In the year following, committed leaders labored so that a “New Goshen” could open in the fall of 1924. New President S.C. Yoder and Dean Noah Oyer applied conciliatory skills and wisdom to reopen a more viable endeavor. Some of the ablest products of the oft-maligned Old Goshen education formed the core of a vigorous new faculty. Conflicts and griefs inherent in the original venture — promoting education in a Mennonite context — did not disappear completely.
Still, the renewed effort found more secure footing that allowed Goshen College to rise again, survive the Depression and achieve full accreditation before its second quarter century would end.
1945-1969 | Engaging the World
The tumult of World War II opened Goshen College to new encounters with the world. Growing numbers of students and faculty could rely on globes to track future or past periods of service or education. Some of Elkhart Institute’s earliest students had heeded the exotic call to India. The aftermath of World War I had sent students to strife-torn areas in Europe, the Near East and Russia. In the 1940s, many GC students still hailed from rural communities. Alternative military service requirements for “work of national importance” exposed many in GC’s applicant pools to smokejumping, reforestation projects and work in state mental hospitals. Participation away from home in such work also increased greatly the number of young Mennonites interested in pursuing higher education. At Goshen, faculty mentors and student peers were actively engaged in post-war relief in Europe and Asia. Soon they ventured on to teaching and development work in Africa, and beyond. A steady influx of international students enhanced the on-campus impact of experiences North Americans brought home from abroad. When GC sought reaccreditation in 1965, external observers noted that over half of the teaching faculty had some sort of international experience. In looking to its future, the college decided to build on this evolving strength, launching the Study-Service Trimester (SST) in 1968.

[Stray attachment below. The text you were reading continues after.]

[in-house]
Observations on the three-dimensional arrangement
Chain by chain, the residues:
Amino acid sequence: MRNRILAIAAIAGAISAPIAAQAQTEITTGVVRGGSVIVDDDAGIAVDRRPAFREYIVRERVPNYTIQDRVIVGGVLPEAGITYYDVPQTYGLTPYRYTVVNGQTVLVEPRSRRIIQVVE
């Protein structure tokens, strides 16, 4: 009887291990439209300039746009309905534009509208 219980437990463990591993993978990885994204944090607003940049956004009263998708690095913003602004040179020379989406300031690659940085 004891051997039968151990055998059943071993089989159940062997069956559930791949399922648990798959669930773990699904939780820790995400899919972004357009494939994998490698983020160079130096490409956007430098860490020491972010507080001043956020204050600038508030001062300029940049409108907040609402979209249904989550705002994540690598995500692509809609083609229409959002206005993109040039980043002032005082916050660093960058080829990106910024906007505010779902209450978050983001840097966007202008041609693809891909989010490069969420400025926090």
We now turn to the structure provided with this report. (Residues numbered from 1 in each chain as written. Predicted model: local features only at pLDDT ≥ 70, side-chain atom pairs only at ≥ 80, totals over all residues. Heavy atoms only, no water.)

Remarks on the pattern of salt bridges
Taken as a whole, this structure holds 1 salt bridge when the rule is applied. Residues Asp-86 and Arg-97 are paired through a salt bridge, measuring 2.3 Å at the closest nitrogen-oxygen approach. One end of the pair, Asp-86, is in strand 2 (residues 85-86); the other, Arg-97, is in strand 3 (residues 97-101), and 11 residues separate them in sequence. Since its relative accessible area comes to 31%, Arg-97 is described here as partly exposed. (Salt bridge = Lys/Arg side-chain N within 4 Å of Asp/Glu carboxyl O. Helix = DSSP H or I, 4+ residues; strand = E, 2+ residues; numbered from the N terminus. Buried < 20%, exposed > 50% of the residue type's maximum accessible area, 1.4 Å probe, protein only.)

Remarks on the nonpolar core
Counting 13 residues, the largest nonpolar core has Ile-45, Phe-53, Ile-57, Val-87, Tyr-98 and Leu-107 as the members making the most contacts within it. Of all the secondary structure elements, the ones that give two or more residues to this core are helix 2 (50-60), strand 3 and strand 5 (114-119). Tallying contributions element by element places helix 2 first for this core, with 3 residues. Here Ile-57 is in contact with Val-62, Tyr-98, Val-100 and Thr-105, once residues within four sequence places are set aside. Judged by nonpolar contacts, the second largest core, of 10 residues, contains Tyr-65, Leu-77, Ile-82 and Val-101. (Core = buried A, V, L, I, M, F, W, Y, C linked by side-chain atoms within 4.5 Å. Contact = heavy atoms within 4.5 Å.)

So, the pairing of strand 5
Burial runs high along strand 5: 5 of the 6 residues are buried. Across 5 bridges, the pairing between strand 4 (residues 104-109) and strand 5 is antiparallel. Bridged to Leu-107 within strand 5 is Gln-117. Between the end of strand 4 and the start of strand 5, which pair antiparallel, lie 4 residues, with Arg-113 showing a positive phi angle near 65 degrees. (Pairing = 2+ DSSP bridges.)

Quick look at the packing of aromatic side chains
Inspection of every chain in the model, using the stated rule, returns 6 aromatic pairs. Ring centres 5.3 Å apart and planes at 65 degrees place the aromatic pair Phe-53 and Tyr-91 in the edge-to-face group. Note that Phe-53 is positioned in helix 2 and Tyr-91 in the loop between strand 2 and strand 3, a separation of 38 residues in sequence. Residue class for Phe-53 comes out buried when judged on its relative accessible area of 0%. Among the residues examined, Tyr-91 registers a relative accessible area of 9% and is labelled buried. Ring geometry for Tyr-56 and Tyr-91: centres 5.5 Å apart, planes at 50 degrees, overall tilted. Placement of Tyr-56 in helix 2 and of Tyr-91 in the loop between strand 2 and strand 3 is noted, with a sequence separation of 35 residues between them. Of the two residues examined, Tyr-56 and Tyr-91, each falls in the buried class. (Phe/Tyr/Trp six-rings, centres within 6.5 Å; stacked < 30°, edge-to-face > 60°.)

1970-1994 | Potters and Poets
“Goshen begins with the assumption that what is odd, exceptional and different may nevertheless be worthwhile, if not revelatory.” One could apply departing President J. Lawrence Burkholder’s ’39 1984 characterization of campus culture to most of GC history.
It seems particularly apt in describing the way GC’s academic boundaries expanded during our fourth quarter century. The early 1970s at Goshen College unleashed a flourishing of the imaginative and unconventional — mirroring American trends, but distinctly rooted in campus culture. The teachers, nurses, doctors we continued to prepare carried SST-shaped life experiences with them. But they also studied in an on-campus environment sprinkled with the “odd, exceptional and different.”
The poet Nicholas Lindsay joined the English Department faculty in 1969 with a voice of thunder and a kinetic teaching style unfamiliar in Goshen’s classrooms. Lindsay tapped into the elemental, the archetypal, the Divine. Imbued with intriguing outsider credentials, he became an influential apostle of Goshen creative writing, founding Pinchpenny Press (which still continues strong) and inspiring students to become poets.